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Throughtout the war years after the war started, a temporary freeze was put on farm machinery because of the scrap iron shortage. There were exceptions to the rule, but a farmer had to present a valid reason why he needed new equipment; why he was unable to repair his present equipment; why he could not purchase or rent used machinery; or why he could not use custom or exchange work. The purchaser also had to present a satisfactory reason for changing from horse power to motor power. If refused, he could appeal to the state USDA board.

There was a shortage of car manufacturing and new cars were hard to come by which caused a safety hazzard. Motorists were driving older cars which were harder to keep safe because of the shortage of spare parts and skilled mechanics. Car tires were used beyond their safely point. Many cars which had been discarded as unfit for service were back on the road.

On Oct. 9, 1942, a big scrap drive took place in Daviess County. All the county schools and stores closed in order for every man, woman and child to be able to participate. Each county town and each school district worked out a plan for such things as how to collect the scrap, where to sell it, what to do with the money, etc.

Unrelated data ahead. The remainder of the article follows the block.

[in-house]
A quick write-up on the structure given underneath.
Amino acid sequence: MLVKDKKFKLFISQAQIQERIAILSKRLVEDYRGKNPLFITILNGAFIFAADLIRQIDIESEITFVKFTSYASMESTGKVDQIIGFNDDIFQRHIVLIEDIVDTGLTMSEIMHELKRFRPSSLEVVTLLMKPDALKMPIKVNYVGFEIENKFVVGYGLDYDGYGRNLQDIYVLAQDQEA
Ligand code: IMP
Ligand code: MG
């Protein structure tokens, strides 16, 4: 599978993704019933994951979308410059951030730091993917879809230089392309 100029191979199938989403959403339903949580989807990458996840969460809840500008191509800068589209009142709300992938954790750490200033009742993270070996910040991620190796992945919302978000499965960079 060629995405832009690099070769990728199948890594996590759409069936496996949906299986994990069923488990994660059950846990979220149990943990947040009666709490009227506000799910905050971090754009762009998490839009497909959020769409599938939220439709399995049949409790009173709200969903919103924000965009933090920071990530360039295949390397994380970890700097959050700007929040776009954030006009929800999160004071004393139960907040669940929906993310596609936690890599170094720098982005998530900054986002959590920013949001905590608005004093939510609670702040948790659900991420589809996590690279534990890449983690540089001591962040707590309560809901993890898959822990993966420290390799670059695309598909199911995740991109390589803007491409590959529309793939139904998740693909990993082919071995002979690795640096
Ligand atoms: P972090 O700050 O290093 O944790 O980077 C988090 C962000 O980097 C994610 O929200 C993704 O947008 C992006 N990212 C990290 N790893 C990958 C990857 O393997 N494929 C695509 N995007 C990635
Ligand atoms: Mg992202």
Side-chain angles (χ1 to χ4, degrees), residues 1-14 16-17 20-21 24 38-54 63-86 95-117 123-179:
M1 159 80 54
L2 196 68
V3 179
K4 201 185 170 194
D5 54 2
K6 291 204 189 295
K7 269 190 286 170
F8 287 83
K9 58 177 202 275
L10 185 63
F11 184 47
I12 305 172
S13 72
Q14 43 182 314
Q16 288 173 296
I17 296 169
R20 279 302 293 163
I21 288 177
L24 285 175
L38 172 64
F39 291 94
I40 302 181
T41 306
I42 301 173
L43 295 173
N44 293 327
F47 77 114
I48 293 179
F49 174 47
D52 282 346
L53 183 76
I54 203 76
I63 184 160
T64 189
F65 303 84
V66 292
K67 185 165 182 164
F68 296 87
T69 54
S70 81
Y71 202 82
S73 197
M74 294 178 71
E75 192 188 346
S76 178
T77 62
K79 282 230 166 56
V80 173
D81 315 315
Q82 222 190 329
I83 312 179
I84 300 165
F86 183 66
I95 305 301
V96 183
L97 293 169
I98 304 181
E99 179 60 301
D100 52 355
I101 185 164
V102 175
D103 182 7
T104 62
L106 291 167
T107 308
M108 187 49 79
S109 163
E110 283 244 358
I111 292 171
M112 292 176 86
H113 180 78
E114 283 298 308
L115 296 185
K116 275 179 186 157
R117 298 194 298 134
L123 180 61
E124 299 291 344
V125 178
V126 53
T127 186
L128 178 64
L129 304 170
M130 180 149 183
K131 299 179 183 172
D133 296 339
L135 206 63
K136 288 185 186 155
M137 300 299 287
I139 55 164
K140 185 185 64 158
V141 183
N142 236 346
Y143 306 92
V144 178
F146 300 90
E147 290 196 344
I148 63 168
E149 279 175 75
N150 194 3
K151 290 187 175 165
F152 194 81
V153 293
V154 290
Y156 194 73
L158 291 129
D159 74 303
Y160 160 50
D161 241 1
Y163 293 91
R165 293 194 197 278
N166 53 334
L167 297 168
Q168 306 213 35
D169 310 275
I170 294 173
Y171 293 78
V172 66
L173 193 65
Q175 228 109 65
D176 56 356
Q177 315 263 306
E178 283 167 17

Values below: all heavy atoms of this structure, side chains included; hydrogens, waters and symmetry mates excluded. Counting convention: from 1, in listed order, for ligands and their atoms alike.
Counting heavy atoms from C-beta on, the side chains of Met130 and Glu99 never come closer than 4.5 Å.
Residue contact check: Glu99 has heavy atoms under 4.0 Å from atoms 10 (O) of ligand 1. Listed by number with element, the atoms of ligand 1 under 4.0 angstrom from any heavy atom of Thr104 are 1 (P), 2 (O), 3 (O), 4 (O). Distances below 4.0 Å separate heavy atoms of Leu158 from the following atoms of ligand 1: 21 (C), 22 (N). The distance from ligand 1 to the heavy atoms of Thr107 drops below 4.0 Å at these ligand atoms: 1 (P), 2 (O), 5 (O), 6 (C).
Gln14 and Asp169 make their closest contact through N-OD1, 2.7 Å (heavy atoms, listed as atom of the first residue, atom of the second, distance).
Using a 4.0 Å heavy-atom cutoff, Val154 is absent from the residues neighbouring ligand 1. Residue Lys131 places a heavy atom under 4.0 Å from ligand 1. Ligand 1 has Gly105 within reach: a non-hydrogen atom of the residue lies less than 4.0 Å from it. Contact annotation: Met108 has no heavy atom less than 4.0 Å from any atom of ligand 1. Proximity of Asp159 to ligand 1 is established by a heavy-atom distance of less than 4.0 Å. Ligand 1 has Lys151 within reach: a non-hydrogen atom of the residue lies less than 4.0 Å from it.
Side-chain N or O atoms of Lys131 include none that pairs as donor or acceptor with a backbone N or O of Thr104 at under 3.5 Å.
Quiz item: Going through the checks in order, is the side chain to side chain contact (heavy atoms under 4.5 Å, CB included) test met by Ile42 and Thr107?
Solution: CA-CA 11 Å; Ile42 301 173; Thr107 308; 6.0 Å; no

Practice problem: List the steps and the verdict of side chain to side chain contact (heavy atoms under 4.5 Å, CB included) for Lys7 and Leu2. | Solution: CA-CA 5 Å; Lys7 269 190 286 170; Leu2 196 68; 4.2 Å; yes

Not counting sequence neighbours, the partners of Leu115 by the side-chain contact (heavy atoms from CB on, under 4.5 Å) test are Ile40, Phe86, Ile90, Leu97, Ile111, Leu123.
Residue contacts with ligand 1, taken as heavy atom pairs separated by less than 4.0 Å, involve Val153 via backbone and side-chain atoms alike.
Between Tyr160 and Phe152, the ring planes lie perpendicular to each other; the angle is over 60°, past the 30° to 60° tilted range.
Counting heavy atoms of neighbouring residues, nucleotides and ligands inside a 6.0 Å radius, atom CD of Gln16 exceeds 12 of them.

The courthouse was chosen as the central point and committees went out in four directions. Each section was appointed a captain and each section was to pile their scraps where it could be seen.
Another important nationwide campaign was the collection of keys. Two million victory key kans and two million placards were distributed throughout every U.S. city. The goal was to raise 12,000,000 pounds of metal. The average key contained 80% nickel silver which was vital to the navy.

There were five places to deposit the keys in Gallatin: Merrigan Grocery, Davis Drug Co., Kings Drug Store, Gallatin Publishing Company, and the high school.

On scrap day, Gallatin and the community collected 100 tons of scrap and the county gathered 275 tons.

The scrap had to be sorted, graded, prepared, packed and placed in railroad lots for loading onto freight cars. If there wasn’t enough material of one grade in a county to make a carload, it became necessary to combine grades from several neighboring counties.

In early October, it was announced that any county that made a per capita collection of 100 pounds or more of scrap from any or all sources during the period of Sept. 1 to Oct. 31, would receive a Victory Salvage Pennant to fly from the flagpole in the courthouse yard.

By early December Gallatin reached its 900 ton goal. More scrap iron was still to be found. The government dedicated the remaining years of 1942 to an extended scrap hunt. Salvage committees were instructed to continue to make available to farmers all the transportation facilities and manpower needed.

In April, 1943, an all out effort was made to gather tin cans. They were piled separately from the other trash and city trucks picked them up.

Copper was the most important and the most needed of all metals for war production. One hundred pounds of tin cans was equal in worth to one pound of copper.

— researched by Wilbur Bush, Gallatin